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Diagnosing horse ailments requires a vet. (Click here for a list of Florida veterinarians by county)
Equine viral arteritis (EVA) is a disease of horses caused by an RNA virus of the genus Arterivirus. The virus which causes EVA was first isolated from horses in Ohio in 1953 but the disease has afflicted equine animals worldwide for centuries. It has been more common in some breeds of horses in the United States, but there is no breed “immunity.” There is no known human hazard.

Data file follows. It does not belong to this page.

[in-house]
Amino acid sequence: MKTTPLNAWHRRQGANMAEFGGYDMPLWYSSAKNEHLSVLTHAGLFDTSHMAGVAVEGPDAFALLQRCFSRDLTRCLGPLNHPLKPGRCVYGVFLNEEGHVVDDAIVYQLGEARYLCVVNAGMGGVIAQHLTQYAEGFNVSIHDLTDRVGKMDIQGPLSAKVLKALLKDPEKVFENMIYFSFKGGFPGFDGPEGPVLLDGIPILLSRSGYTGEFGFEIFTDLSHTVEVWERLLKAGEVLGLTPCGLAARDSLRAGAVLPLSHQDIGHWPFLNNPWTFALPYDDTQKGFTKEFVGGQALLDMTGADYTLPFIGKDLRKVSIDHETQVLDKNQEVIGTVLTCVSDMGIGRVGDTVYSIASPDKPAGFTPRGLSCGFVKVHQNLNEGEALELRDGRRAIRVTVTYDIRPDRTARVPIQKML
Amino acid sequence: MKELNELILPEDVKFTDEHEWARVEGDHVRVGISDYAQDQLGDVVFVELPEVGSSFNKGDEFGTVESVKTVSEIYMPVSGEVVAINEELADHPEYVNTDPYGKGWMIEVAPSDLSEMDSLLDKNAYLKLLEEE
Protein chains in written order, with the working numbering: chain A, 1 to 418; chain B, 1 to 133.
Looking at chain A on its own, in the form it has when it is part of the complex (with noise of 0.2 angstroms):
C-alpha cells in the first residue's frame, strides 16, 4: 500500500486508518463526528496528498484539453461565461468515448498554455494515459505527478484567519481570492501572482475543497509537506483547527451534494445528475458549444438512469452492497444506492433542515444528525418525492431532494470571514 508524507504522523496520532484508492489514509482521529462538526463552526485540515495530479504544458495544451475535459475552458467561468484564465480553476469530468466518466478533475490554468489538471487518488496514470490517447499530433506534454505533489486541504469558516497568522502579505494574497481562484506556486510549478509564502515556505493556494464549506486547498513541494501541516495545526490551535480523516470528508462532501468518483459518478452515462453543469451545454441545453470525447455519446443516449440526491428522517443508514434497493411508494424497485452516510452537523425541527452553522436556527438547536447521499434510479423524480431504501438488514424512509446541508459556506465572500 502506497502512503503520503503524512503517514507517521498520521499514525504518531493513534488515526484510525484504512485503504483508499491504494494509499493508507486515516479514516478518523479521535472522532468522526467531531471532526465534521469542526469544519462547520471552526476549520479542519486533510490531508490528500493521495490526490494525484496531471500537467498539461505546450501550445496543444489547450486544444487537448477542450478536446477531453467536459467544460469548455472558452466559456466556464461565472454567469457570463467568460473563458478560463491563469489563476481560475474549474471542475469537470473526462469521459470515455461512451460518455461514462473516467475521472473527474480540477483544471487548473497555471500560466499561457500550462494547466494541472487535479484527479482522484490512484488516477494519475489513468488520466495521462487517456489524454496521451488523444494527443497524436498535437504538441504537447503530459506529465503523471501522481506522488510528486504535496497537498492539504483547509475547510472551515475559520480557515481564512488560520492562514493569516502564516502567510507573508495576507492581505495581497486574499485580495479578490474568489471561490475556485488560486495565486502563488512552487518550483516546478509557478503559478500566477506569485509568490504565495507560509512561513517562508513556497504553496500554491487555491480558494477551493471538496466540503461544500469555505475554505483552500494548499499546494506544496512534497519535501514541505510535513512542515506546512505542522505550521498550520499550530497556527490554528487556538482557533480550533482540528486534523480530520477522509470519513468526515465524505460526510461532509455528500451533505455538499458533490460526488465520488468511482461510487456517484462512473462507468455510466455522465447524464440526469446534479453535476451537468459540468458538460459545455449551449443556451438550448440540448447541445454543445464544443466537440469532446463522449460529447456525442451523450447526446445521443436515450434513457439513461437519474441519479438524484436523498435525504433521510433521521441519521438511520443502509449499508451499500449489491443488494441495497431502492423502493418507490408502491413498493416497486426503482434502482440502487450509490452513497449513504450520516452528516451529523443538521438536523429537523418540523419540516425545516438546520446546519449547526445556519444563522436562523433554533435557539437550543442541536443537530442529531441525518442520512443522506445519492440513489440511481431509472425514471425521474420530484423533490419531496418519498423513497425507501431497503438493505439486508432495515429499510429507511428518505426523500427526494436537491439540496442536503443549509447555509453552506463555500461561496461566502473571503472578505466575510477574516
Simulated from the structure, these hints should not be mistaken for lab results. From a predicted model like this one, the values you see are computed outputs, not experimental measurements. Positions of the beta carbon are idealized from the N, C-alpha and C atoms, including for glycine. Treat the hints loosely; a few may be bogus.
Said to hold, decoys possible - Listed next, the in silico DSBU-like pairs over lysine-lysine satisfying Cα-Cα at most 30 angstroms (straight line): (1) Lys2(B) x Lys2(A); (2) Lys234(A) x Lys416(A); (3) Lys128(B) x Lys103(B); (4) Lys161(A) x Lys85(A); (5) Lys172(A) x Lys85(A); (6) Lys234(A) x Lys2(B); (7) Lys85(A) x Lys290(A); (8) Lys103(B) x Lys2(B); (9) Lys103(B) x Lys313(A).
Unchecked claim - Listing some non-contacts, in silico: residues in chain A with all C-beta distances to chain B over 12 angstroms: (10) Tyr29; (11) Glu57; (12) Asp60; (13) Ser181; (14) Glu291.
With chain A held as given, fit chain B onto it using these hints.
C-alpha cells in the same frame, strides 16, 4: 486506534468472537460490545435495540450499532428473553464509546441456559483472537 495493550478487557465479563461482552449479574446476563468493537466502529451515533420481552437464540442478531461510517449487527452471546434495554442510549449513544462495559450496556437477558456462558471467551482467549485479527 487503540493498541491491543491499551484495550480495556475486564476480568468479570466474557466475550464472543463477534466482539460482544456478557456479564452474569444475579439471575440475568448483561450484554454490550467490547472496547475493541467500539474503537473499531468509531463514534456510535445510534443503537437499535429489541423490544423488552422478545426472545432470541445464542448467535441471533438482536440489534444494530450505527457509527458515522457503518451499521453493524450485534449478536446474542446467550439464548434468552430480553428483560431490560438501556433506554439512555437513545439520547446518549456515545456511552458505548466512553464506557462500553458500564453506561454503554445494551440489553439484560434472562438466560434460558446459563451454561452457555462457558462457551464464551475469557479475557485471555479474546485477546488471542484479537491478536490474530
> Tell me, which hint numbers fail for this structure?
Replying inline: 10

Arteriviruses are small, enveloped, animal viruses with an icosahedral core containing a positive-sense RNA genome. The family includes Equine arteritis virus (EAV), porcine reproductive and respiratory syndrome virus (PRRSV), lactate dehydrogenase elevating virus (LDV) of mice and simian haemorrhagic fever virus (SHFV).